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MDOT SHA Access Manual - Practical Design in Access Management

Practical Design in Access Management

Introduction

The Maryland Department of Transportation State Highway Administration (MDOT SHA) is currently developing guidance to incorporating practical design into highway projects. These same guidelines will apply to access permit projects.

This document provides a brief description of practical design in general and how it can be applied to access management projects. All access permit projects should use the Practical Design philosophy. The focus of practical design in access management should be on safety, mitigation, context, and customer service. Each site should be reviewed independently based on the specific site characteristics and project purpose and needs. Design decisions must include justification and documentation.

Objective

Practical Design improves transportation systems by focusing resources on needs that deliver the highest return on investment. The Practical Design philosophy requires critical thinking and sound engineering judgment to achieve the best system improvements, while maintaining a safe and efficient transportation system. Important aspects include:

  • Developing the scope of work to meet the project’s purpose and needs
  • Focusing improvements on safety first
  • Utilizing design flexibility based on safety and operational performance
  • Collaborating on a solution with all stakeholders

Purpose and Need

The basic purpose of any developer-initiated highway project is to provide safe and reliable access to the development for all roadway users. While land use decisions have been delegated to the local governments, MDOT SHA may require roadway improvements to mitigate the impact of development on the safety and operation of the surrounding roadway network. Improvements should be proportional to the proposed development’s impact. MDOT SHA works with local jurisdictions to determine mitigations that are acceptable to all parties.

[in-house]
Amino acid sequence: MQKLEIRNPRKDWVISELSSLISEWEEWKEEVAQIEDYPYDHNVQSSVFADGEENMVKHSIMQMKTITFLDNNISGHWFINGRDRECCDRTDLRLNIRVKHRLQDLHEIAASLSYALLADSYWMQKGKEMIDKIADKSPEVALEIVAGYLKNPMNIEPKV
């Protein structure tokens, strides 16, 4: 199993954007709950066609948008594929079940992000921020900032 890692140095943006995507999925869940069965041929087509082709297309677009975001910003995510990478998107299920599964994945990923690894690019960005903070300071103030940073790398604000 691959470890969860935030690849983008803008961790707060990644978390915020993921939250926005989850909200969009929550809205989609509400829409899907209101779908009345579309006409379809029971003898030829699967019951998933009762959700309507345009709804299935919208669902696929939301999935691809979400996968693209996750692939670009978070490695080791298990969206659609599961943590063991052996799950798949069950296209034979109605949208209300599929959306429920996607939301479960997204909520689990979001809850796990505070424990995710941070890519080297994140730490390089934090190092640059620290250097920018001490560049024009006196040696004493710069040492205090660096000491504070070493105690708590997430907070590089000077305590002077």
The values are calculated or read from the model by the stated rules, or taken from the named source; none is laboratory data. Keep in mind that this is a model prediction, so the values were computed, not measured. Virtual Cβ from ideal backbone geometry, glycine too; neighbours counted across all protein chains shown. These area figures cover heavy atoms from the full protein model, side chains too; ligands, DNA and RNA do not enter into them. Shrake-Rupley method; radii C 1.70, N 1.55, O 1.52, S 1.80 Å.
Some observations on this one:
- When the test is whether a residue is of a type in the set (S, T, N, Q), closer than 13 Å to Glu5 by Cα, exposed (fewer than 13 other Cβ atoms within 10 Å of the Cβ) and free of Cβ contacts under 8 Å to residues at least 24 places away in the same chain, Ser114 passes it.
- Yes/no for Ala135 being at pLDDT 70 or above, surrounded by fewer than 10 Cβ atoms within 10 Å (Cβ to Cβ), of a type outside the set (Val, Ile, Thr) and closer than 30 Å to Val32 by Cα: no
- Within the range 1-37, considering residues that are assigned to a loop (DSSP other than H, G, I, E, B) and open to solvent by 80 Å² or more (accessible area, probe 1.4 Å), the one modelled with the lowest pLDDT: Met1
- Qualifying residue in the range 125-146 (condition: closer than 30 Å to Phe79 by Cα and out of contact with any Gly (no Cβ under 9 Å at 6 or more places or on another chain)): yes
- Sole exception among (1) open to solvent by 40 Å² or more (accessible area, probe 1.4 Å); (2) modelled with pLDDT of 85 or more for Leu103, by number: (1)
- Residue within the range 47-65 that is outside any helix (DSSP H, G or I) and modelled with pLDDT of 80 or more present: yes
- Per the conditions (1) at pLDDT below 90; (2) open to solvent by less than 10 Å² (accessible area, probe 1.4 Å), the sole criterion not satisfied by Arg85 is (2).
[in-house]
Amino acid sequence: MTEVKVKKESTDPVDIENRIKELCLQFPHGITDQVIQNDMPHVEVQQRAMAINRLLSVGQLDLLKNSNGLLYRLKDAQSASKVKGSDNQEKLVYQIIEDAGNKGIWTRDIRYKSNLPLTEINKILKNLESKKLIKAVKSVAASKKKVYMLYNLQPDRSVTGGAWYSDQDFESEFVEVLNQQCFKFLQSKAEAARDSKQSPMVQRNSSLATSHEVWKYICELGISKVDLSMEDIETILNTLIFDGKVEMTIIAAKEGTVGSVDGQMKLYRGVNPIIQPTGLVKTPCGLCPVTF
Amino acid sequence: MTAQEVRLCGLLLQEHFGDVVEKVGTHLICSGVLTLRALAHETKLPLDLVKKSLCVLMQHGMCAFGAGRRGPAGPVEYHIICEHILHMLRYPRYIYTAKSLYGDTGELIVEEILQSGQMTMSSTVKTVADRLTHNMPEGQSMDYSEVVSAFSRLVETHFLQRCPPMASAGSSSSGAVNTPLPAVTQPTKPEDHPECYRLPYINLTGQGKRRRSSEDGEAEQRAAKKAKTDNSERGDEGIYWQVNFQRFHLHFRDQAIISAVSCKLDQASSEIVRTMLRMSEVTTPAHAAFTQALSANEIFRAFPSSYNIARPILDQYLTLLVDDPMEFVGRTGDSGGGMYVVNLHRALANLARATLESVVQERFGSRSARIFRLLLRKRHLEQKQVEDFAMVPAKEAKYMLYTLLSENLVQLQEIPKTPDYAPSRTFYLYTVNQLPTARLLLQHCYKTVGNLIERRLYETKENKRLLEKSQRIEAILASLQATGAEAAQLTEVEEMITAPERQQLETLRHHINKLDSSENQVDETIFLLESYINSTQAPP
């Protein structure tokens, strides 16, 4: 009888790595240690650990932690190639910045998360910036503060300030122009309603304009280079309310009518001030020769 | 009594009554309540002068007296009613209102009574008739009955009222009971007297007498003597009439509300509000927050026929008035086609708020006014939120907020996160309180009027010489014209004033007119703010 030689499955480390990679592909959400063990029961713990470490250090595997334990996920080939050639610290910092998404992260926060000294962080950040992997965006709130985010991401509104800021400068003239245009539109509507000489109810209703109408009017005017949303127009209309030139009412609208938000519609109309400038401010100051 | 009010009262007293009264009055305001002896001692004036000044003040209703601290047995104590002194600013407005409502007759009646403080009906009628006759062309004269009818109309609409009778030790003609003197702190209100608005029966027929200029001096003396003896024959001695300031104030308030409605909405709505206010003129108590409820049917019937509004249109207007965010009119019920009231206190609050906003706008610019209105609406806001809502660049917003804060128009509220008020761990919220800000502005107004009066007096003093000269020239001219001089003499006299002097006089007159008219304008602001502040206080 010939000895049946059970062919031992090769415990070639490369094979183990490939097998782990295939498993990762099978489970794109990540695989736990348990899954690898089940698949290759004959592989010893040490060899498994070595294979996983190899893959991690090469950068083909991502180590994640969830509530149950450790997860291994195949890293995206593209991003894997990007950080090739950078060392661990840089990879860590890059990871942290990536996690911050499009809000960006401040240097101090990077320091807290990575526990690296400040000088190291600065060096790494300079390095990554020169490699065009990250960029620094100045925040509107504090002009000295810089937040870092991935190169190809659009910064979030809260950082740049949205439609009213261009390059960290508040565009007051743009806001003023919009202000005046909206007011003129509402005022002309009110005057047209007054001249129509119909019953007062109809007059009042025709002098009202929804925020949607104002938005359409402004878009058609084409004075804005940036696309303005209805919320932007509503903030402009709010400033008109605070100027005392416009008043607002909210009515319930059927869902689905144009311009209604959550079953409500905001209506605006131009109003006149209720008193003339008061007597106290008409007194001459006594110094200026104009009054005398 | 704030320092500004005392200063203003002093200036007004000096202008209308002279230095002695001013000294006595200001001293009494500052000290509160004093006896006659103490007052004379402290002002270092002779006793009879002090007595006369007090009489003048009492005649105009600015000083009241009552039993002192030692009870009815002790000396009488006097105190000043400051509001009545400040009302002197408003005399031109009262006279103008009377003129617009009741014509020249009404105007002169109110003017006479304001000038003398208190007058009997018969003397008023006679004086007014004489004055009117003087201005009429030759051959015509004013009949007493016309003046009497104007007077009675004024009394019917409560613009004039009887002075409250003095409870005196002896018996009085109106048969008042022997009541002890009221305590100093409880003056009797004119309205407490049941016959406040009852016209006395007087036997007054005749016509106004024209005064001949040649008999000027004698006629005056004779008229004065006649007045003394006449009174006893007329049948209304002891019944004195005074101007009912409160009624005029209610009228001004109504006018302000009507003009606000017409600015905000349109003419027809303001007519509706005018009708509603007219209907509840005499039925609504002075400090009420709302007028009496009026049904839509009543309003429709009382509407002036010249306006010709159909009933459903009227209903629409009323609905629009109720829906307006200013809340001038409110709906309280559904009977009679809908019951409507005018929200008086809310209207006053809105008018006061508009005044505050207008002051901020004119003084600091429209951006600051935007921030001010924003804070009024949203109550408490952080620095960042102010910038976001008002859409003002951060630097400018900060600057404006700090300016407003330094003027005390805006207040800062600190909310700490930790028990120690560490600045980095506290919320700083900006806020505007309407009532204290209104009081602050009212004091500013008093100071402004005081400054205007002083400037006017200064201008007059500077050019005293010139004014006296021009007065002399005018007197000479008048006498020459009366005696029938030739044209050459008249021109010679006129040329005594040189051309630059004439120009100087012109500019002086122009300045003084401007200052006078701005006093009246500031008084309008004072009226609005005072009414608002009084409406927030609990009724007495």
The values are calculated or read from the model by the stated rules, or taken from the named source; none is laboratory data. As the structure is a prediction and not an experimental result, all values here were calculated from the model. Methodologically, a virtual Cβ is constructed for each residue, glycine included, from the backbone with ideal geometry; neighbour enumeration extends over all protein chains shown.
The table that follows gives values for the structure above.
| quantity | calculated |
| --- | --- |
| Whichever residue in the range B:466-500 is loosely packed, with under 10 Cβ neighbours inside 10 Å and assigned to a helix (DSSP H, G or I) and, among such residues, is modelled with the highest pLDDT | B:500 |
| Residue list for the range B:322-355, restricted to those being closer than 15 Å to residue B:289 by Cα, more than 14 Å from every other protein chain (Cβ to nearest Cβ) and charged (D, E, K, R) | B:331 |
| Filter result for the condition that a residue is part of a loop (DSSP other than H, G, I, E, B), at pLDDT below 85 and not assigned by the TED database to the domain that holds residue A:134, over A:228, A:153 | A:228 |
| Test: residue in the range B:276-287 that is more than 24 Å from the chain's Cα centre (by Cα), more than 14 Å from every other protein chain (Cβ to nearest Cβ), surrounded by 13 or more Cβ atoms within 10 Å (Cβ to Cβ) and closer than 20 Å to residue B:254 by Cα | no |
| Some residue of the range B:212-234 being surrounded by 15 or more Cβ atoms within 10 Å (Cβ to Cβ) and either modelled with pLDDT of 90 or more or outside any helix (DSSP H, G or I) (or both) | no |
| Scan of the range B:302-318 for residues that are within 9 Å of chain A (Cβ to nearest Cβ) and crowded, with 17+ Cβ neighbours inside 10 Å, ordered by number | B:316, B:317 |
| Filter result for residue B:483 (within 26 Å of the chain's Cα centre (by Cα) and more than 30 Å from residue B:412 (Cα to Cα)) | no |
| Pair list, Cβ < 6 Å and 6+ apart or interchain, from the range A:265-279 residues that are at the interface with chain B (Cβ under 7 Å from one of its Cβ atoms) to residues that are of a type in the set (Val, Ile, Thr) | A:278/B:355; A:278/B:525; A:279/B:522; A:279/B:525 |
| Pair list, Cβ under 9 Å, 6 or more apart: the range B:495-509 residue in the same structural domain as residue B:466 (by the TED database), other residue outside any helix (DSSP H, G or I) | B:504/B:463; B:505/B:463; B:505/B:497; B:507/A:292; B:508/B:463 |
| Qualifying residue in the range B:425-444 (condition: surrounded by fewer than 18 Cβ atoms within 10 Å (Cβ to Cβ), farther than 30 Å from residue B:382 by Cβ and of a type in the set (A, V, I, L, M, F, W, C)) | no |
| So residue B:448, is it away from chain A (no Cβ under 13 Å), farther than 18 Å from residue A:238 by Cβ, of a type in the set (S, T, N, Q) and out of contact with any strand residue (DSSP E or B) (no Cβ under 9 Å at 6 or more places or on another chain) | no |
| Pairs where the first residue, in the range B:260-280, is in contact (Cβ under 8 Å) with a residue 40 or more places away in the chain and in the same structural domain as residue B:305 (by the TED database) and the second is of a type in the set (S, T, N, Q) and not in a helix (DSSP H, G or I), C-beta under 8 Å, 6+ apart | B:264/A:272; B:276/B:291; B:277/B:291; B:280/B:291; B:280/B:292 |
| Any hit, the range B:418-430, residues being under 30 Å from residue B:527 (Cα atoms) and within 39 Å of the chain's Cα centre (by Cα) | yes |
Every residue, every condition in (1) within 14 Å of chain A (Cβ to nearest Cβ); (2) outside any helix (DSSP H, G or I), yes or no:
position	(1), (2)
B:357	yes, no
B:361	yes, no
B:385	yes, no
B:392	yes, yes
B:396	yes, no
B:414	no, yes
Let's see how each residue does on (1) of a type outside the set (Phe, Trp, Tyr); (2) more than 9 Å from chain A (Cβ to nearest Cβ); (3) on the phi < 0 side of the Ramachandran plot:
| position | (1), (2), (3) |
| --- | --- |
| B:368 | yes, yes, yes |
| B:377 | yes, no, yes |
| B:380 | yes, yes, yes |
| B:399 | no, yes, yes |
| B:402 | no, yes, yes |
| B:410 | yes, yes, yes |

Scope of Work

Determine the scope of work from the project purpose and need, as described below:
  • Reliable Access (Mobility)

    1. The developer should complete a Traffic Impact Study (TIS) per MDOT SHA and local requirements to determine the impacts of the development on the existing roadway network.
    2. The developer should mitigate the impact to any movement that is determined to have a Level of Service (LOS) of D or worse using methodologies acceptable to MDOT SHA.
    3. The developer should analyze queues at each intersection in the TIS and mitigate any storage or blocking issues caused by the development.
  • Safety

    1. Access requirements and restrictions shall maintain or enhance safety.
    2. To minimize impacts to all access points, the developer should enhance safety by minimizing and separating conflict points, minimizing speed differentials, and providing adequate sight distance.

Pedestrian and Bicycle Access and ADA

All improvements shall provide for increased safety and access for pedestrians and bicycle traffic in a manner acceptable to the Administration per COMAR 11.04.05.03. All required roadway improvements must also be completed in accordance with Title II of the Americans with Disabilities Act (ADA) of 1990 and Section 504 of the Rehabilitation Act of 1973.

Design

Once the basic scope of work has been determined the design work can begin. Within the MDOT SHA right of way (R/W), all work and materials must conform to AASHTO criteria as well as Administration specifications, standards, and addenda current at the time of the permit grant. The design work should focus on safety and operational performance and the project purpose and need. Design variations and exceptions may be necessary to support the project purpose and need based on safety and operational performance. Documentation must be provided to support these variations.

Approach to Practical Design in Access Management

Project is originated with a purpose and need
  • Safety
  • Mobility
  • Access to development
Scope of work is based on the project purpose and need
  • Mitigation of development impacts (TIS)
  • Enhanced safety
Design is based on safety and operational performance
  • AASHTO Criteria
  • MDOT SHA policy, standards, and guidelines
Design variations and exceptions can be used when necessary to support the project purpose and need
  • Engineering judgment
  • Context sensitive
  • Cost effective
  • Design exceptions
Final Design is selected addressing project purpose and need
  • Collaboration
  • Federal Law
  • Maryland Law
  • Local APF